Legally Screwed: Why Getting Paid For Sex Is Only Legal If You Film It

This little tidbit of knowledge is brought to you by the letter “p”, as in prejudice, persecution, permits, pornography, and prostitution. So technically pornography, by law, is allowed under the protection of freedom of speech. Of course, it helps that the industry generates roughly $10 billion a year in revenue, which is heavily taxed, levied and somewhat regulated, so many can enjoy all the perks that conditional sex legalization can pay for, but why continue to prosecute prostitution?

Sex isn’t a dirty word. Can we all just start with this? I’m certain the stigmas surrounding it makes an unfortunately large number of the population feel as though it is and that somehow using the word, especially in public, gives it unlawful power, but just to be clear, it isn’t Voldemort. Further stigmatizing the word only further drives the stigma of sex being wrong or immoral and furthermore perpetuates the persecution of anyone — particularly women — who enjoy it too much, openly discuss it, or, perish the thought, get paid for it.

Now if this doesn’t apply to you, kudos. Go high-five your parents, thank your teachers or just pat yourself on the back for taking the initiative to go beyond regressive ideologies. To be clear, I’m not selling the notion that people should have sex for money, be sexually aggressive, or advocate young people having sex. I’m just encouraging taking away the shame attached to it, providing proper sex education and being more accepting of others’ sexual choices that are different from your own and have nothing to do with you directly.

So, not to bore you with the definition and repercussions of repressed sexuality, ultimately we’re still unpacking centuries of sexism, misogynism, capitalism, classism, and all the other ”isms” that we haven’t quite identified or are so integrated into our foundational mindset that we accept them unquestioningly. Don’t believe me? Do you know the real non-purity history of why brides started wearing white wedding dresses? How about the fact that saying “bless you” after someone sneezes is rooted in combating the plague and is at its core a socially acceptable mini exorcism? And moreover, even knowing the history, I say “bless you” to myself because it’s so ingrained within me that after years without catching the plague or being knowingly possessed, I can only assume it’s working. So it’s not exactly hard to imagine the hundreds of practices we’ve been taught are archaic, prejudiced, and more than likely created by people who believed the world was flat.

One must ask why getting paid for sex is illegal unless you add a camera and a few permits and you’ve got yourself a fully liable career? Can we not see the prejudice here? Traditionally, pornography is a male-dominated industry which, after legal attack, was found to be protected under the First Amendment. But why can’t prostitution, a woman-dominated industry, be viewed in a similar sense? In my opinion, because of its cultural pariah status, condemning practices into the shadows cause women seeking sexwork — sometimes out of desperation — to pursue the practice in a way that leaves them vulnerable to trafficking, violence, health issues, and ridicule. While I’m vehemently pro protecting those who may be victimized by setting laws of protection, accessible healthcare, and harsh punishments for victimizers, ultimately, it’s the prejudice and legality that continues to keep prostitution in the dark ages. Why shouldn’t a fully mindful person be able to make the decision of what they’d like to do with their body? And why are women’s bodies regulated more than guns? In fact, the surprising amount of legally acceptable practices in some states over sexwork is surprising, including having a pet bear, giving your kids alcohol, buying a military-grade tank, and even companies taking out life insurance policies on their employees for their own interests. So, just to be clear, I can celebrate taking out a life insurance policy on my employee by hopping into my military grade tank while simultaneously giving my child alcohol, but I am not under ANY circumstances to have consensual sex with an adult for something in exchange because that would just be immoral and how dare I. Now hold my beer while I go feed my pet bear.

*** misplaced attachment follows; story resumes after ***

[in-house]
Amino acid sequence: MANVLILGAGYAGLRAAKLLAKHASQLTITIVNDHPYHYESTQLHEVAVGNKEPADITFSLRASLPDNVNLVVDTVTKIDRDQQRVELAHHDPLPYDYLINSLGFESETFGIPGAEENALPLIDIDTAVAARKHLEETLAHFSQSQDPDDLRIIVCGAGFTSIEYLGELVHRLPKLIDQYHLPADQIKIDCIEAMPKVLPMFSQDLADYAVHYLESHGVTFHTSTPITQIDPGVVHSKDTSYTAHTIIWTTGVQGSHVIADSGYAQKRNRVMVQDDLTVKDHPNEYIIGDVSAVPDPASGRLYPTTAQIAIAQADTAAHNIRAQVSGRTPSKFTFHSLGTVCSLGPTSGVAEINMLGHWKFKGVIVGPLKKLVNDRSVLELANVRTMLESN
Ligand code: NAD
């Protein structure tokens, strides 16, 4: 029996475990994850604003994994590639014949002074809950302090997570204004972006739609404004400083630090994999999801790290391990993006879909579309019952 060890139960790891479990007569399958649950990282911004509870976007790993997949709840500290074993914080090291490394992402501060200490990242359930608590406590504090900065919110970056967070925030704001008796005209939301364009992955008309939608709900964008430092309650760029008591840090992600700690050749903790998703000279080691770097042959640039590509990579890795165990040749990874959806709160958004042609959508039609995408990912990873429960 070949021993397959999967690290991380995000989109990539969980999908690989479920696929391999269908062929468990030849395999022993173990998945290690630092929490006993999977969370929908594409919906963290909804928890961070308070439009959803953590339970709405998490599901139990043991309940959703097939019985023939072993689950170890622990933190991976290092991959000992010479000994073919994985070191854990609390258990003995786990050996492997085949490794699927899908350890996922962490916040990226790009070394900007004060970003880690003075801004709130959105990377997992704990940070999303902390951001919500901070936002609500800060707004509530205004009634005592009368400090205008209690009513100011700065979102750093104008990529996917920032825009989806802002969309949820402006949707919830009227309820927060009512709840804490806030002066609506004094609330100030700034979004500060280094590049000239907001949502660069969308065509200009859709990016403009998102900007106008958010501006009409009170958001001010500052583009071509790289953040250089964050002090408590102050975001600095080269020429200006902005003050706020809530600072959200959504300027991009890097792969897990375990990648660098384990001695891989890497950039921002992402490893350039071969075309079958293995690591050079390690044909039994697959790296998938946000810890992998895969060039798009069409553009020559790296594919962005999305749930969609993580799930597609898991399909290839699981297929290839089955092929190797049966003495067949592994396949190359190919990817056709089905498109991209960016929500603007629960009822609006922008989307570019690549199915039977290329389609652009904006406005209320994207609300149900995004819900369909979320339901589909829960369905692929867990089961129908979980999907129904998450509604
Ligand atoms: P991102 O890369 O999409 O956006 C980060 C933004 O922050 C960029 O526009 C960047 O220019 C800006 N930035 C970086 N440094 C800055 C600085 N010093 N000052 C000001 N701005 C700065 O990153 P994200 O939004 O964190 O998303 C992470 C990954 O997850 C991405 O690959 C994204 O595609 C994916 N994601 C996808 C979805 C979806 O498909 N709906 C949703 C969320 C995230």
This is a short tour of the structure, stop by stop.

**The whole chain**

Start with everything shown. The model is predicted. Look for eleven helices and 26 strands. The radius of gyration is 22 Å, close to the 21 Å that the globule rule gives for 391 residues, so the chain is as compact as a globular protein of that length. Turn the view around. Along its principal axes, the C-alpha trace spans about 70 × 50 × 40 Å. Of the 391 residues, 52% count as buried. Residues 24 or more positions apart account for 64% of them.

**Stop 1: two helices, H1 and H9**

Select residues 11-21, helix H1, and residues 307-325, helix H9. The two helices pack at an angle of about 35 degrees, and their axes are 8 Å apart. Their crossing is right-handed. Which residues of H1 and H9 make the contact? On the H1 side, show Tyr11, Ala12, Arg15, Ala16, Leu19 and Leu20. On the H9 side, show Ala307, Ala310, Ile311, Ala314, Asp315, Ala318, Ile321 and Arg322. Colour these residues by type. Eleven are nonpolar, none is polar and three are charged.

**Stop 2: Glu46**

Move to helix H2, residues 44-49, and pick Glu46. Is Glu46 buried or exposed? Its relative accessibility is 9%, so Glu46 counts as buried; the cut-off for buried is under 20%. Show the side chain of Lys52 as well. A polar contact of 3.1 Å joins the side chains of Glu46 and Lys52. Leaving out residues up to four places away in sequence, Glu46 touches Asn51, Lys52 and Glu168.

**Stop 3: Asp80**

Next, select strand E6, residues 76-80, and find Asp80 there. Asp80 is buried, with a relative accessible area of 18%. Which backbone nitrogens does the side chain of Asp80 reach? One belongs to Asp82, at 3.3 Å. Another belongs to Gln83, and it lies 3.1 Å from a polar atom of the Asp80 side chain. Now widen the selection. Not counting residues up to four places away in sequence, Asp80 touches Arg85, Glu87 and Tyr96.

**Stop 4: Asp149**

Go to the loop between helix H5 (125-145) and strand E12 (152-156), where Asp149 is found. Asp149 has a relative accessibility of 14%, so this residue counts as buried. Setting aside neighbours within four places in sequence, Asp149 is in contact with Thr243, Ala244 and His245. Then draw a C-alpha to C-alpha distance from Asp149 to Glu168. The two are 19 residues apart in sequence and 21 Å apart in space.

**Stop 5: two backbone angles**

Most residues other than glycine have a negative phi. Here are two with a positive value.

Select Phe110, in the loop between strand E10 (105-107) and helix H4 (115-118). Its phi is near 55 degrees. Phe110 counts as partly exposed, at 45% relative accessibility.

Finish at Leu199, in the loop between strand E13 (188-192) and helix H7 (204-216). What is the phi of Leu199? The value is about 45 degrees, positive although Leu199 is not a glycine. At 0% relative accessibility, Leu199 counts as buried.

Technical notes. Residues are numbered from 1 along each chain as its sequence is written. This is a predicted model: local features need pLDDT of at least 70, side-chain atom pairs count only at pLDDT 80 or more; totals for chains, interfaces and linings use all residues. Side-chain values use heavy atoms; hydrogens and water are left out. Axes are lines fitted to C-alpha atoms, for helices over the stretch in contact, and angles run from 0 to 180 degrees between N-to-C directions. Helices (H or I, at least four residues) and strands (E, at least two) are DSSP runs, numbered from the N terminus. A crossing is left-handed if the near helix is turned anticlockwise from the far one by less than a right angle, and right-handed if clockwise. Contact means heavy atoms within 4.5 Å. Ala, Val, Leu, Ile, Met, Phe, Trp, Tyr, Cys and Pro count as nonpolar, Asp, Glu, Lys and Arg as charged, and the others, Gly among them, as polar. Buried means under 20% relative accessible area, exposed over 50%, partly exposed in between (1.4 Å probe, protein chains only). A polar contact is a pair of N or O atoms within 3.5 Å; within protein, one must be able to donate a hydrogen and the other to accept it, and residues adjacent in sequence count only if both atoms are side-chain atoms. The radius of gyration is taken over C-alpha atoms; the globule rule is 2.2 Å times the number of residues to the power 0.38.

Maybe as time continues and we gain more tolerance for practices that may not be our own and are completely harmless, then those who seek a variety of sexwork can do so without legal and moral prejudices. Until then, I only ask that you take a step back and examine the various reasons for governing laws.

Written by: Kelly McIntosh

Kelly McIntosh is a 30-something, Kerouac reading, keeper of sarcasm and spoiler of dogs, and is the Chicago Contributing Editor at The Bleu.


  1. Steph

    May 8, 2019 at 10:36 am


  2. Jocelyn

    May 8, 2019 at 4:37 pm


  3. Arwa

    May 8, 2019 at 8:27 pm

    It’s very nice to see such subjects discussed on this platform.


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